Schemas drift when an application’s data model evolves and its columns, tables and data types change. Many approaches to data integration fail to adequately address the challenge of building and maintaining a robust and reliable data pipeline. Reliable data replication is fundamentally about faithfully preserving the original values of data and ensuring its smooth passage from source to destination, even as the source schema changes.
Net-additive data integration and live updating
Reliable data replication means avoiding pipeline breakages while ensuring that data is faithfully reproduced in the destination.
One method is net-additive data integration. The basic behavior is as follows:
- When a column or table is added to the source schema, it is added at the destination as well.
- When a column or table is renamed, it is duplicated at the destination under its new name, so that both the old version with the old name and the new version with the new name are present. The old version is subsequently no longer updated, but the new version is.
- When a column or table is removed, it is kept in the destination but no longer updated.
The chief characteristic of net-additive data integration is that columns or tables are never removed despite schema changes. This means that schema changes never lead to lost data. This preservation of old data extends to individual records, as well. Rows that are deleted at the source are soft-deleted or flagged in the destination, so that analyses that depend on old data still function.
An alternative to net-additive data integration is live updating. Here, the basic behavior is as follows:
- When a column or table is added to the source, it is added to the destination as well.
- When a column or table is renamed, it is renamed at the destination.
- When a column or table is removed, it is removed at the destination.
Live updating dispenses with the retention of old schema elements by perfectly matching the data model in the destination with the data model in the source. This extends to individual records as well. Rows that are deleted at the source are deleted at the destination.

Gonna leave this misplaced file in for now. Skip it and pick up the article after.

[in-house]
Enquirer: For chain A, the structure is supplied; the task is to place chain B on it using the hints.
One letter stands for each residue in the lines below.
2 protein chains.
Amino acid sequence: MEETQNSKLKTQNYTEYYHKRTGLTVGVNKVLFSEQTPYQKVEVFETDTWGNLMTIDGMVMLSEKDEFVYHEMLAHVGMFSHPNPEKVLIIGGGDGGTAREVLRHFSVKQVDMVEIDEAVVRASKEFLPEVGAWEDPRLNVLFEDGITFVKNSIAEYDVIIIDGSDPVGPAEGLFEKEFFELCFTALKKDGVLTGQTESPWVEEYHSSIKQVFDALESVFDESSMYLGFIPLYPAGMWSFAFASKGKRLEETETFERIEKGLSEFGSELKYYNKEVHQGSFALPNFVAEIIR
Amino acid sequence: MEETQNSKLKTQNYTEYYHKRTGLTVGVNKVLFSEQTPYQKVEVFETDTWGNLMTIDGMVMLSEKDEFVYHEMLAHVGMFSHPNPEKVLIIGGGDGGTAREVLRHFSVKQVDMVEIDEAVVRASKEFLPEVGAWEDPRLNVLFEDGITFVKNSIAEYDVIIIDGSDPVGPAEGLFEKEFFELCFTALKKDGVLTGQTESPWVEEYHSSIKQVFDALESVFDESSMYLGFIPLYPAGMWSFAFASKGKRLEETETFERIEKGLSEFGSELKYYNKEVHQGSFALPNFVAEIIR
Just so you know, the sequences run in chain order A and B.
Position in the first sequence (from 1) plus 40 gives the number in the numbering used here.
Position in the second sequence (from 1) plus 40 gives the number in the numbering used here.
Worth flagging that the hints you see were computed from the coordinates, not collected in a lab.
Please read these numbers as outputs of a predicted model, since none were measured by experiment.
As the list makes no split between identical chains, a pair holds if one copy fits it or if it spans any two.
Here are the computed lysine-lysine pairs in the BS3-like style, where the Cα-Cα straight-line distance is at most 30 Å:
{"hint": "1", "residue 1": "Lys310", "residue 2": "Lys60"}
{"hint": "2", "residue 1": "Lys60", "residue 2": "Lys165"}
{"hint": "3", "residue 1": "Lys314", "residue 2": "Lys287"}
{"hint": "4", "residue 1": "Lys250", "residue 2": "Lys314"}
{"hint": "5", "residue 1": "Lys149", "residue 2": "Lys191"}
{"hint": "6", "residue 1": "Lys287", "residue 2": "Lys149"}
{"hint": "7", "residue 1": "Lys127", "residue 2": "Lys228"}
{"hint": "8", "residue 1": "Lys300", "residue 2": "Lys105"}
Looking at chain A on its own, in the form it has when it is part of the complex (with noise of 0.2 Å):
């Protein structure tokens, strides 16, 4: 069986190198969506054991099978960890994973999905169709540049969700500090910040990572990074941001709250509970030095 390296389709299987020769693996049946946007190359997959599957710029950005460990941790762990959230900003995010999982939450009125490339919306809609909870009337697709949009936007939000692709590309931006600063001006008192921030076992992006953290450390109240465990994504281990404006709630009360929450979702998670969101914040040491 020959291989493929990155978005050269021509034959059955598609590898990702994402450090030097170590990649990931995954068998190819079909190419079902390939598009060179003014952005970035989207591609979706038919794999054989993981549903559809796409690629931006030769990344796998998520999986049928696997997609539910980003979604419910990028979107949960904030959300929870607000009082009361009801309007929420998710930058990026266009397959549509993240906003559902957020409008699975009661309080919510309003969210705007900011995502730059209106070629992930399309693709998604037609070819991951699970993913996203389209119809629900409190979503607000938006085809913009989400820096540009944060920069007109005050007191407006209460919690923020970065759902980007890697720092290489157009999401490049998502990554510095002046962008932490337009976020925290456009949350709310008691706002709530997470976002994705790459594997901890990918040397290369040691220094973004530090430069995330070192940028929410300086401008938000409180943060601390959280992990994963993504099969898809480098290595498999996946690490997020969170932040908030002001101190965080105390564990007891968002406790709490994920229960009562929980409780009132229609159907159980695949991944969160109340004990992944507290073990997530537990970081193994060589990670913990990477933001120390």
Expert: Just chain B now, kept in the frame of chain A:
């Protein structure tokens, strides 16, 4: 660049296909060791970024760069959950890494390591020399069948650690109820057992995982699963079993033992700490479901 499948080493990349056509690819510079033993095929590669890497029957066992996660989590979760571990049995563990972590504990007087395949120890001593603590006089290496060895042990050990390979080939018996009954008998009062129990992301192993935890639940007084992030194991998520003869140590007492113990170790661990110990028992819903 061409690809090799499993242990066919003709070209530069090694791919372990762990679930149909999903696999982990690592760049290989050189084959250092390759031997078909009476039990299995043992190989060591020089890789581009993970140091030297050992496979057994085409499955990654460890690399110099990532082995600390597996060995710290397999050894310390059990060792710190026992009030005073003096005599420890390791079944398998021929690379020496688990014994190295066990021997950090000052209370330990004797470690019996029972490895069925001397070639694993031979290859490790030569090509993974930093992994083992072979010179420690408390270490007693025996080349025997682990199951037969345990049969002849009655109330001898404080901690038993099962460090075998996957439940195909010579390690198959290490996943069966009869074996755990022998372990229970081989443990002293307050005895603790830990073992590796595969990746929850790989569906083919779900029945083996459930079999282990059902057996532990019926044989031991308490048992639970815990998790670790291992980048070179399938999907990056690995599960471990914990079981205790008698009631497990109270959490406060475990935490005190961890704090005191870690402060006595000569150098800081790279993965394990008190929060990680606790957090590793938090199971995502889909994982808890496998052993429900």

The behaviors described above are the ideal case. Depending on whether the data source features a changelog, some behaviors may not be possible. For both net-additive data integration and live updating, the ideal behaviors concerning renamed columns and tables are only possible if the data source 1) has a changelog and 2) tracks schema changes. Otherwise, renamed columns and tables are usually recognized as a removal combined with an addition.
One downside of both net-additive and live updating data integration is that values that change, but are not deleted, are updated in both the source and destination. This means the data pipeline cannot keep track of values that change over time.
History mode is a solution to keeping track of changes to row values. History mode retains current and all previous versions of all rows in a table. A history table specifically contains “start” and “end” timestamps for every version of every value, in which the most recent version has a NULL (or equivalent) “end” timestamp. Deletions are signified when all rows with the same primary key have a known end time stamp, meaning there is no current “live” version.
Note that keeping track of changes to the schema is a different matter, and schema changes must be represented in a separate table from history tables.
History mode can be costly due to the sheer volume of data that is retained. A good practice is to selectively apply it to certain tables rather than entire schemas. It can readily coexist with either net-additive data integration or live updates, applied toward the same table.
The hierarchy of data types
Besides a change in name, columns can also change by data type. The key to accommodating a data type change is to assign a new data type that is inclusive enough to handle both old and new values in that column; that is, we should assign a supertype.
The chart above, from top to bottom, illustrates a hierarchy from the most inclusive data types to the least.
Let’s say a column consists of integers but fractional values/decimals are added to the column later on. At the destination, we will update the column’s data type to “double” instead of “integer,” because “double” can accommodate both types. Conversely, if a column consists of decimals that are converted to integers, its counterpart in the destination will stay a double because it’s more inclusive.
Reliable data replication consists of keeping a data pipeline running and ensuring faithful replication of source data in the midst of schema drift. It is more than a matter of simply copying and pasting data from one place to another, especially when large volumes of data are concerned and the ability to examine historical data is necessary. Keep the complexity of doing so in mind when you are looking for a data integration solution.
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